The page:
Officials Disclose Several Upcoming Projects
City leaders and law enforcement officials from Santa Monica, Los Angeles, Malibu and L.A. County all have one thing in common—they share jurisdiction over various parts of Pacific Coast Highway.They also share one another’s troubles. For example, a traffic accident in Santa Monica can impact Malibu commuters, and a closure in Pacific Palisades can affect both cities.
In order to work on joint challenges, a PCH Task Force meets quarterly, bringing together various governmental, traffic, law enforcement and fire officials. The group met March 6 at the Malibu City Library.
Maybe they should meet more often.
Some residents will remember the PCH closure on February 13, near the California Incline, when an allegedly impaired driver sheered off two fire hydrants along the roadway at about 3 a.m. Two geysers shot into the sky and made the road impassable. Reportedly, officials had trouble shutting off the water.
According to a L.A. County Water representative at the PCH meeting, someone at that agency saw the two geysers on television news around 6 a.m. Turns out the hydrants were air-relief valves connected to the 30″ L.A. County pipe that goes under PCH. The County was never notified by Santa Monica authorities.
Once they realized it was their line, L.A. County sent someone out immediately, and the problem was taken care of instantly.
Road Closure Alert: The County Water representative said that northbound PCH, from Chautauqua to Temescal, will soon be closed in order to move the water line. The 1958 Pacific Palisades “killer” slide resulted in PCH being moved closer to the ocean, but the water main was not moved. Now the pipe will be moved. The roadway will be closed at night and dates will be announced.
* Santa Monica will start construction to widen the bikes/pedestrian lanes on the Marvin Braude Bike Trail in July. The project will extend from Ocean Front Walk to the Santa Monica city limit near West Channel Road. The two-mile project is going out to bid and before the Coastal Commission. Construction is supposed to take about a year. (Visit: santamonicaparks.org and click on North Beach for updates.)
* Caltrans District 7 representative Abdolhossein Saghafi warned that the $8.5 million project design for McClure Tunnel will start this fall and take two years. The Vapor lights will be replaced, the interior painted, and a queue warning system installed.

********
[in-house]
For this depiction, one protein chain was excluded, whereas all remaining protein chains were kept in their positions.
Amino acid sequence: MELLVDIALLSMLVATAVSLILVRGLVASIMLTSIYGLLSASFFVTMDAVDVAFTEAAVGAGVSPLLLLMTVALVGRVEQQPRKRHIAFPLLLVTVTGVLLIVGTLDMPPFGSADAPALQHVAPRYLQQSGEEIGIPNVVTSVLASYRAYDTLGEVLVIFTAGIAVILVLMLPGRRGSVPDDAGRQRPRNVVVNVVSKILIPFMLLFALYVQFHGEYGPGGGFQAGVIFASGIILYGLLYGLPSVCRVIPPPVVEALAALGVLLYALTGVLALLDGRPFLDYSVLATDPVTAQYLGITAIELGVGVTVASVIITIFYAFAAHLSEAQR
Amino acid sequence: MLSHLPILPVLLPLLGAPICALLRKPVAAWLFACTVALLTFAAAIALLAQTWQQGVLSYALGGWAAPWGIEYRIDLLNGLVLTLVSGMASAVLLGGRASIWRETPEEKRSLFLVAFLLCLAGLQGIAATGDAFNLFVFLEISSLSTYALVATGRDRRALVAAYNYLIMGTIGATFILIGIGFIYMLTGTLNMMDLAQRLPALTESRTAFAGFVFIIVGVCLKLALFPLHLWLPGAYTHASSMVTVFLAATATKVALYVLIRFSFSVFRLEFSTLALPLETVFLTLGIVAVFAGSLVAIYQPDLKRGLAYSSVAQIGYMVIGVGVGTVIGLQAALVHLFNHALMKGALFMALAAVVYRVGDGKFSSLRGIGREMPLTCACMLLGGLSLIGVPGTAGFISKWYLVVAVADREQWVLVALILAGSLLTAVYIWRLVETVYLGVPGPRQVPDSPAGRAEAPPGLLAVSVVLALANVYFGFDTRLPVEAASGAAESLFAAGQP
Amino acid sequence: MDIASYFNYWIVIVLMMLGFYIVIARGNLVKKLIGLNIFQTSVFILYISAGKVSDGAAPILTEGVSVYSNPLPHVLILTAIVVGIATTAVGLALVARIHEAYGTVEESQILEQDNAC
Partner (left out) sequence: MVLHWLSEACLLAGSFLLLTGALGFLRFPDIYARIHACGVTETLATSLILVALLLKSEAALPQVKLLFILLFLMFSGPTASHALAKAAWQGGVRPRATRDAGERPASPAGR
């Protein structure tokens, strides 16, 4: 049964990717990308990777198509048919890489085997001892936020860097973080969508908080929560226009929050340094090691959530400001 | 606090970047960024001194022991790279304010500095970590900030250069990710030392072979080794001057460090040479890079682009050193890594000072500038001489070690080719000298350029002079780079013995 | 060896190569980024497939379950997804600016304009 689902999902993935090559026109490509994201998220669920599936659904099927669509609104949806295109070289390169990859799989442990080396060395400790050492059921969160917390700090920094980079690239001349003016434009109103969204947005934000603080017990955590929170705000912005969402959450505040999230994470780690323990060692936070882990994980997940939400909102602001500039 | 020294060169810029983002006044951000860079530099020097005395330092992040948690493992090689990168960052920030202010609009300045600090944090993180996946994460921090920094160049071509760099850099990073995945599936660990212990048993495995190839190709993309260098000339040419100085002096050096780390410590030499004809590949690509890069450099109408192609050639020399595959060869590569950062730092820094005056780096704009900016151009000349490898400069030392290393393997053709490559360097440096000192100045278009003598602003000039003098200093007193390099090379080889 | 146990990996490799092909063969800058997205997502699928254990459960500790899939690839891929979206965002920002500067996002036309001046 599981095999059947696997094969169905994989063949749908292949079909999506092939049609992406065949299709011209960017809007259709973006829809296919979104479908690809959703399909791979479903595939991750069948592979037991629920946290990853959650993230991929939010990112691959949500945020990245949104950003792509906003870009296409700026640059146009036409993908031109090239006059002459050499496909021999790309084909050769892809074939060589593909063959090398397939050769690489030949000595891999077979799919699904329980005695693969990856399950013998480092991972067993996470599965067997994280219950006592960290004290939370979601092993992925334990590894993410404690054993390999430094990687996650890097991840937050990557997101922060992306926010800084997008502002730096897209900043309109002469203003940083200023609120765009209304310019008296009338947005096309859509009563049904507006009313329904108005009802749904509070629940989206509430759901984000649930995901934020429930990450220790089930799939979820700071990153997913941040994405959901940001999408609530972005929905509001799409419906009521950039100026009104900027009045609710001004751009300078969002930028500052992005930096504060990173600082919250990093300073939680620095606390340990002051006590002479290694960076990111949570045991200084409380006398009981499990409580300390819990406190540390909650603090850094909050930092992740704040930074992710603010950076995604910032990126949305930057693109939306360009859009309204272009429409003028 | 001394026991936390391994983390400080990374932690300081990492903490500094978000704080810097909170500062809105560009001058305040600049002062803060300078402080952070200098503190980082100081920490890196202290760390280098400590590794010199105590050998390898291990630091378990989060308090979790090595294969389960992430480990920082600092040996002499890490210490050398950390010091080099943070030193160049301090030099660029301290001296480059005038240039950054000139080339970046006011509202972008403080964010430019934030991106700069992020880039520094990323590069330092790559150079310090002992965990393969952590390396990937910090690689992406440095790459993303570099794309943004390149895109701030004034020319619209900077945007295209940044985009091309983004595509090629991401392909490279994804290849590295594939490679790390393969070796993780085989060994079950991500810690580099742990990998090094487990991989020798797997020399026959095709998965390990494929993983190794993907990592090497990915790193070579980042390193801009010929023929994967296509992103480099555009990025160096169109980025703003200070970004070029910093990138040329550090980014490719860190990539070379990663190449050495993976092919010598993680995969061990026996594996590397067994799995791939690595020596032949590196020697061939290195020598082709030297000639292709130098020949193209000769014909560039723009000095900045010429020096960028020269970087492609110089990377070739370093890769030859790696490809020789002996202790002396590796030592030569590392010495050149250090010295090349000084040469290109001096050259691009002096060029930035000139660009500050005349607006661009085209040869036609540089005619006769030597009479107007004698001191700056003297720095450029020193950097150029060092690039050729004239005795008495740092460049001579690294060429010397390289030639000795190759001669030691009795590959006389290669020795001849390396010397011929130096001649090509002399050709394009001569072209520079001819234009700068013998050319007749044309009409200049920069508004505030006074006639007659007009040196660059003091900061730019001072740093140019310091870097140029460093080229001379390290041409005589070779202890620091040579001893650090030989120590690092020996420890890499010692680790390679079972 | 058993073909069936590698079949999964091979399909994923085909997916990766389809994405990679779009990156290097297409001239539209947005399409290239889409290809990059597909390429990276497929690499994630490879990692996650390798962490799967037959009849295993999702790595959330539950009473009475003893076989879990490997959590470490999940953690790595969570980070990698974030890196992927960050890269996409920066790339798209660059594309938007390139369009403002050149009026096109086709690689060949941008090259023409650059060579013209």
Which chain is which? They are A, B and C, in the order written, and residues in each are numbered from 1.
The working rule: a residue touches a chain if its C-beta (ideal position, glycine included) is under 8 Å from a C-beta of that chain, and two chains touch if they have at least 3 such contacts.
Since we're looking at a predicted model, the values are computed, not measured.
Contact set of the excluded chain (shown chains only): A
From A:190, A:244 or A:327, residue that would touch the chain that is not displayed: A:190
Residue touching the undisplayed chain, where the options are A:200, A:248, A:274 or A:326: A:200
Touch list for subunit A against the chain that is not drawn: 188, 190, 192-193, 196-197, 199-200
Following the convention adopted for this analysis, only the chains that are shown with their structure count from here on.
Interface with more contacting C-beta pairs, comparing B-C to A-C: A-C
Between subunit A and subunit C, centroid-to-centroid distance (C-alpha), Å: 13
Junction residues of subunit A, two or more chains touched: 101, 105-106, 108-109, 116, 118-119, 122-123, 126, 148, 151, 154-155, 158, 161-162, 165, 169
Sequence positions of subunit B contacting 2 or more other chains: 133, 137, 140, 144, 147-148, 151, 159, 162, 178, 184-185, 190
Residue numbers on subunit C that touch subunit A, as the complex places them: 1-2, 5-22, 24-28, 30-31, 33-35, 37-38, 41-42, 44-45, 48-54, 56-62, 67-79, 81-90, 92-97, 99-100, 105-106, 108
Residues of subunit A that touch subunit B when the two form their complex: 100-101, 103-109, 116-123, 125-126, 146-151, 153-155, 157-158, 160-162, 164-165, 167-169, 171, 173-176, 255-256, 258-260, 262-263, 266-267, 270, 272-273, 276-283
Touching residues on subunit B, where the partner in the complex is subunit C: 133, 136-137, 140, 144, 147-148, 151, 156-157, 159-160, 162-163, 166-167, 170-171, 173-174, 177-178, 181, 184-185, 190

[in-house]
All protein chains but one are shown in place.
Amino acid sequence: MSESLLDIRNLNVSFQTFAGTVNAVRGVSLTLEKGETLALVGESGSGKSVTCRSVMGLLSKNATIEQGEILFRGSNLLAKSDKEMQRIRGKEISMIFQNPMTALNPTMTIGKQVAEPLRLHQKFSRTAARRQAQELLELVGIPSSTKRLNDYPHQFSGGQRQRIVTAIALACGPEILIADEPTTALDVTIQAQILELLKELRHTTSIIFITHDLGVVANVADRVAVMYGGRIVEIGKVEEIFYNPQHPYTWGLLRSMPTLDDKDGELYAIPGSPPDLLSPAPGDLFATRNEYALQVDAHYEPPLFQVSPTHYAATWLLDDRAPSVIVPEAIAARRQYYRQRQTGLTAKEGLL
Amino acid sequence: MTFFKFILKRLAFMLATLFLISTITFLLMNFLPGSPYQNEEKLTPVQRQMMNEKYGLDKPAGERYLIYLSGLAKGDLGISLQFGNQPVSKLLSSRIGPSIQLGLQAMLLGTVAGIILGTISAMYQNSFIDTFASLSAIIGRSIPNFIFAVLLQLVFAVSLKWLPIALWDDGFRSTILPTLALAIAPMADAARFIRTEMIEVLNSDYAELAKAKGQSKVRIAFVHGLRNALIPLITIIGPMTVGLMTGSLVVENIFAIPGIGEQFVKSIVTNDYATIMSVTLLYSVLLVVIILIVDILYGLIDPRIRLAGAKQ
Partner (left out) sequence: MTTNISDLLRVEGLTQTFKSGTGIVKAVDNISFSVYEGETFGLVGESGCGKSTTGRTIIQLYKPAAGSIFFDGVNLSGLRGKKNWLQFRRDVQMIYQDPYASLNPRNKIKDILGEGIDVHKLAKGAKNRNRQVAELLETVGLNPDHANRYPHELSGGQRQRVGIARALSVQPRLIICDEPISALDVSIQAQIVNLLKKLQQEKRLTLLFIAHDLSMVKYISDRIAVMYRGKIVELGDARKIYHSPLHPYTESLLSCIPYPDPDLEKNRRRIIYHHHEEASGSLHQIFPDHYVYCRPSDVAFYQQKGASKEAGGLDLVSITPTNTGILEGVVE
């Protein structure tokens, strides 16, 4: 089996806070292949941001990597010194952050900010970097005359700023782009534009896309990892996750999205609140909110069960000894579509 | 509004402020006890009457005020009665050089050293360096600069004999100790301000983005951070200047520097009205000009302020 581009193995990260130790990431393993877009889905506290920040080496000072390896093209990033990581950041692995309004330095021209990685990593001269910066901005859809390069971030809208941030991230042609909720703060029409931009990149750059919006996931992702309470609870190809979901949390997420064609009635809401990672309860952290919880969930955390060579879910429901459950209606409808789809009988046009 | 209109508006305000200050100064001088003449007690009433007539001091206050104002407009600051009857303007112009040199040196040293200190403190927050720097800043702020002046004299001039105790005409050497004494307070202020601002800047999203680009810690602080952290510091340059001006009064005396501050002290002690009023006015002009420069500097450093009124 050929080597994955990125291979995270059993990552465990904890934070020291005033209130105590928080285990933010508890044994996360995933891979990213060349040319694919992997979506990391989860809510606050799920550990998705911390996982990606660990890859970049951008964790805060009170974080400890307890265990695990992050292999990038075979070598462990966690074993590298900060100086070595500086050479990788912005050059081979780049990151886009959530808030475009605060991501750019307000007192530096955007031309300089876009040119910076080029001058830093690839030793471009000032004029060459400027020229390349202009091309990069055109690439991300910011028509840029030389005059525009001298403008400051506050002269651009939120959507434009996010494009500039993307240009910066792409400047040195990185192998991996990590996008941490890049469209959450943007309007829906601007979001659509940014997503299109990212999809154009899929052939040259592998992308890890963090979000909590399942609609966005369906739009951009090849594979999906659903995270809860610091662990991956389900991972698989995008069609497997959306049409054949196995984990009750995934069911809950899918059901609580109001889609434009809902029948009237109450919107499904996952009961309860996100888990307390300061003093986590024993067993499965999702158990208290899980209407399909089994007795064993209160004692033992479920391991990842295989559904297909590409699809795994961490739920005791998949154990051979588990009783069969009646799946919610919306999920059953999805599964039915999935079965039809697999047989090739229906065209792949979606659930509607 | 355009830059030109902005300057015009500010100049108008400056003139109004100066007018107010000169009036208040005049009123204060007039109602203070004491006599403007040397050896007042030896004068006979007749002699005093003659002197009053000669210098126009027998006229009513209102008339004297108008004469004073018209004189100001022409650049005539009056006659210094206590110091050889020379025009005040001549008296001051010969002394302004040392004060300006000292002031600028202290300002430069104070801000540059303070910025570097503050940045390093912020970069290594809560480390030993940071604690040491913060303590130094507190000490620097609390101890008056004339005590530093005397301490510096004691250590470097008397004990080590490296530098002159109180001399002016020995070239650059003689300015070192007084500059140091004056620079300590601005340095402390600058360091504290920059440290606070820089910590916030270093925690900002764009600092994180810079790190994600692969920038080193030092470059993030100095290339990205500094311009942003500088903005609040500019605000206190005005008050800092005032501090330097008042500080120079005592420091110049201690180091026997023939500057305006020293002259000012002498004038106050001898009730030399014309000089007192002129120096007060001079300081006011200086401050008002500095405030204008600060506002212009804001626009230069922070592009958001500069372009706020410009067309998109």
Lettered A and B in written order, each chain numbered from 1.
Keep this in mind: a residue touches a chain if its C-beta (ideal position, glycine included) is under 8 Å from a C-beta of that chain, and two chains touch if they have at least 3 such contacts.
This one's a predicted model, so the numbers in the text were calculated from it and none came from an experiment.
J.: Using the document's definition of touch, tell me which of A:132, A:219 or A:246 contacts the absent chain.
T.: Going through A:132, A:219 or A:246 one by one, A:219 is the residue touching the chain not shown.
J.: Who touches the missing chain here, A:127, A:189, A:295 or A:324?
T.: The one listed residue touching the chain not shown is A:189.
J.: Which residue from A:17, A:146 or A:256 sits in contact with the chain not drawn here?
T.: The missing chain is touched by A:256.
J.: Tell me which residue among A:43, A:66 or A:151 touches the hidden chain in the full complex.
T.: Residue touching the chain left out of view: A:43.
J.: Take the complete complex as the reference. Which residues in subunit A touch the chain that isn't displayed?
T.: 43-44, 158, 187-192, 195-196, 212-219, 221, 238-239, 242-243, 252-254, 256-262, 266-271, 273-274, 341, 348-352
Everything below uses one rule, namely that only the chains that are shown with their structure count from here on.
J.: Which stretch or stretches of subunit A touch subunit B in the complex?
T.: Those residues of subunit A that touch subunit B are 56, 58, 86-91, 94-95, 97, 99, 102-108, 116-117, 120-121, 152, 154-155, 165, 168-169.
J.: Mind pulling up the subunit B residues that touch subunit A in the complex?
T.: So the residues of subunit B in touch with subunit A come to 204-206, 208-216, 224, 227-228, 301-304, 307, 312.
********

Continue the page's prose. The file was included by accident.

Task Force members pleaded for the tunnel work to take place at night. “Normally on PCH, we try to do most of the construction at night,” Saghafi said.
A Malibu Sheriff’s officer said, “The McClure Tunnel was key in the evacuation of the Woolsey Fire, so keep us updated.”
Saghafi replied, “As soon as we know, we’ll let people know.”
* In the summer, drivers coming north through the tunnel find themselves stopped as many cars queue up in the far left lane to go into Santa Monica Beach parking lot #3.
Saghafi said that two suggestions are being studied. One would involve having southbound PCH traffic stopped more often by a red light at the Incline so that cars turning left into the parking lot would face longer gaps in traffic. The second would be to move the pay parking kiosk deeper into the parking lots, so that more cars would be able to enter the lot, when there is an opportunity.
He also said that a traffic study has been proposed for Chautauqua and PCH, but “we’re at a standstill because the budget doesn’t have sufficient money for a traffic study.”
* Topanga Canyon Boulevard “has been closed three times in the past two months and we have installed k-rails and netting which has helped,” Saghafi said, noting that the roadway will continue to have closures for slope stabilization, which is considered an emergency project. There will be full lane closures from 12 to 5 a.m. and partial lane closures from 7 a.m. to 7 p.m, as soon as Caltrans receives the final environmental review.
* Videos of trucks, buses and even a City bus making a left-turn onto Pacific Coast Highway from the third lane on Temescal Canyon Road were shown to Saghafi. He was once again asked why the arrow for that lane couldn’t include a turn and a straight-ahead sign. He said he would look into it.
* More than once, legislators were asked about the RV’s that line the highway between Coastline and Malibu. Dumping waste, which then runs into the ocean, was expressed as an environmental concern. The use of fires outside campers, at the base of brush-covered hillsides, was a fire concern, and people from the trailers being struck by cars were safety concerns.
The task force was formed by Sheila Kuehl, when she was a State Senator, to address the various problems along the roadway. Senators Henry Stern and Ben Allen, Assemblymember Richard Bloom, and County Supervisor Kuehl send representatives to the task force meetings.